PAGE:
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U.S. military takes a cue from Xena: Warrior Princess

Fantasy show's life and death implications

Who would have thought the fantastical action-adventure series would inspire the bigwigs in the U.S. military? It turns out that the "fashion" worn by Lucy Lawless on Xena: Warrior Princess may actually save lives.

Fantasy show's life and death implications

Lucy Lawless hasn't donned her kick-butt action gear as Xena for more than a decade. But the series that had its heyday in the mid-'90s is living on… in the U.S. military?

Turns out, defense officials are taking inspiration from the show to engineer a new style of body armor for female troops.

The Christian Science Monitor reports the body armor would be designed to contour a woman's body better. A better fit, in turn, means better protection -- what could be the difference between life and death on the battlefield.

Apparently, women of the storied 101st Airborne Division came to officials with concerns about the gear they were wearing.

Lt. Col. Frank Lozano puts it like this: “It rubbed on the hips, and the vests were too long in the front, so that when you had female soldiers climbing stairs or climbing up a hill or a tree, or sitting for a long time in a vehicle, that would create pressure points that in some instances could impact blood flow and cause some discomfort."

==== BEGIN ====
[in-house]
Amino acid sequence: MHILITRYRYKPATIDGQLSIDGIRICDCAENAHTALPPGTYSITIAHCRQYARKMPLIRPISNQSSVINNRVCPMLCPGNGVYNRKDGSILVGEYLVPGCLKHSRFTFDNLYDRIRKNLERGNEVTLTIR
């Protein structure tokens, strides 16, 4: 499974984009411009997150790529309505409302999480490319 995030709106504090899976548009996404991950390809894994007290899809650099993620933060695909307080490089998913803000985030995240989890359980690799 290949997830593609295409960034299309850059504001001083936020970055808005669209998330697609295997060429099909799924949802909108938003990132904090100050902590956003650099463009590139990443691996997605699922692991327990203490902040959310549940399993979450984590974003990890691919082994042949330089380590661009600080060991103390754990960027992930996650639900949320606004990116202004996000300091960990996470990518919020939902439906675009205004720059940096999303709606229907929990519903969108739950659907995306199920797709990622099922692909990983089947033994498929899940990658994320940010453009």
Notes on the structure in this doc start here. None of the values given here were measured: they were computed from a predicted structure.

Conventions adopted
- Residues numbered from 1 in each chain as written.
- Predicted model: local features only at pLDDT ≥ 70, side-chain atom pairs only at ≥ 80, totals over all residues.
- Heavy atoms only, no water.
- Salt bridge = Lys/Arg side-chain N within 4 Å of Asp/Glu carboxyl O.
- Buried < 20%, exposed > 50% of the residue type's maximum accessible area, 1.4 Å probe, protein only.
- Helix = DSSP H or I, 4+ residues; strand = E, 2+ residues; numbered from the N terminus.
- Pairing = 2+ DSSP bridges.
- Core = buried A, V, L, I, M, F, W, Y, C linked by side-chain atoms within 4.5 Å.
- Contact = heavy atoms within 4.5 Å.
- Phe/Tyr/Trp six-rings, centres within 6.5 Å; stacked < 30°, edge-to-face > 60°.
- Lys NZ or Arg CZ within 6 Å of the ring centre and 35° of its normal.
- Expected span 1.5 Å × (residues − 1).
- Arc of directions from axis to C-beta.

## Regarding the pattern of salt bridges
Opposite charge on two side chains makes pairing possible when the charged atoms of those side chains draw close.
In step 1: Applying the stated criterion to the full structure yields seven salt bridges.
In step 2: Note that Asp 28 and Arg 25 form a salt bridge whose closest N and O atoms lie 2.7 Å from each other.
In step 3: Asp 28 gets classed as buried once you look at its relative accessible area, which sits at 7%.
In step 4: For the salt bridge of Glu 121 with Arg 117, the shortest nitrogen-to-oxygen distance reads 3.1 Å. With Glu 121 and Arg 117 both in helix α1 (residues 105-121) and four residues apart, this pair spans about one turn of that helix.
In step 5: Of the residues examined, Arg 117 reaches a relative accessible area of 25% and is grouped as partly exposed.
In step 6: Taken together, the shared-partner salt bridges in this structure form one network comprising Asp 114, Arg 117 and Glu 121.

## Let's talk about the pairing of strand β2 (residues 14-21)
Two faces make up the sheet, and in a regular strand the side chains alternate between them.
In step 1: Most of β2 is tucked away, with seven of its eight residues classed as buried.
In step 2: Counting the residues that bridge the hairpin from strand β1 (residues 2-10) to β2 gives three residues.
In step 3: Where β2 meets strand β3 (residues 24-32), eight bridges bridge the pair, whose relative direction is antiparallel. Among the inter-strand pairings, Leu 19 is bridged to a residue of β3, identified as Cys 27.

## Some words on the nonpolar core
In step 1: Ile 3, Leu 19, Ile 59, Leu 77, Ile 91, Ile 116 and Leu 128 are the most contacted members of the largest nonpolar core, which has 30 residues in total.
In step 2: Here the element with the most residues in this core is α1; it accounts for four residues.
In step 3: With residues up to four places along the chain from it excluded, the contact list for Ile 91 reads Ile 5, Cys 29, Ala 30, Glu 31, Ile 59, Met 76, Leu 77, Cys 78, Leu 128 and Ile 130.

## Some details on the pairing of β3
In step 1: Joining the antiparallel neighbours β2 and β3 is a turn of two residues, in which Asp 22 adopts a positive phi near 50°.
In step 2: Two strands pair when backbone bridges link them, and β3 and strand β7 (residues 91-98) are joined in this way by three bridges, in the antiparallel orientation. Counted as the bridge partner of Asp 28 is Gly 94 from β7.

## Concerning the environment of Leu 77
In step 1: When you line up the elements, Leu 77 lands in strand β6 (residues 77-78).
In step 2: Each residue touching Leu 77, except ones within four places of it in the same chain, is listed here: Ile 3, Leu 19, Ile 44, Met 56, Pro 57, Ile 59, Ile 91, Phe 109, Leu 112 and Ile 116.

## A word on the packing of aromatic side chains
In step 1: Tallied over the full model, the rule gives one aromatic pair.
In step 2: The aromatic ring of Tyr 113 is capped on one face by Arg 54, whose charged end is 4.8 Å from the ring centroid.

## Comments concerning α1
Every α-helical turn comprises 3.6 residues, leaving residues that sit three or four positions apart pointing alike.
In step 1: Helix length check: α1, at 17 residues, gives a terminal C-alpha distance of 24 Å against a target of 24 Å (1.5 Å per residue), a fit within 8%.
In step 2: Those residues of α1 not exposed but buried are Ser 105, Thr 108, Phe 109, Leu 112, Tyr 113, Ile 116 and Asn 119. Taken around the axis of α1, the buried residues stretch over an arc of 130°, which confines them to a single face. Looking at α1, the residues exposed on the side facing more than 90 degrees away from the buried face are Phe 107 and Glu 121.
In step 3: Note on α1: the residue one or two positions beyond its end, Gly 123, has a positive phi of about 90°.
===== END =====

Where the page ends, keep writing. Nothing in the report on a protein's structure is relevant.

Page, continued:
Of course, it's one thing to be comfortable and another thing when the body armor doesn't fit a woman's curves right to give optimal protection.

By way of Christian Science Monitor, a U.S. Army study notes that current body armor for women didn't take into account differences between males and females when it comes to torso length -- or shoulder width.

The study scarily contended: “It affects combat effectiveness.”

Imagine being on battlefield, when seconds count, and you're having a tough time properly aiming your weapon at your enemy or rushing in and out of a vehicle because of your garb. That's a problem.

Most importantly, CSM goes on to quote another official with the office of soldier protection and individual equipment, who said it's critical to "spread out the energy" when a bullet hits the body.

Enter, specifically, Xena: Warrior Princess-inspired plates that would conform to a female troop's body.

The desired Xena-style plates would also be lighter than the hard-armor plates made more for men.

The combat gear being tested might even feature Xena-style "bra-shaped darting."

Image courtesy of Tina Paul/
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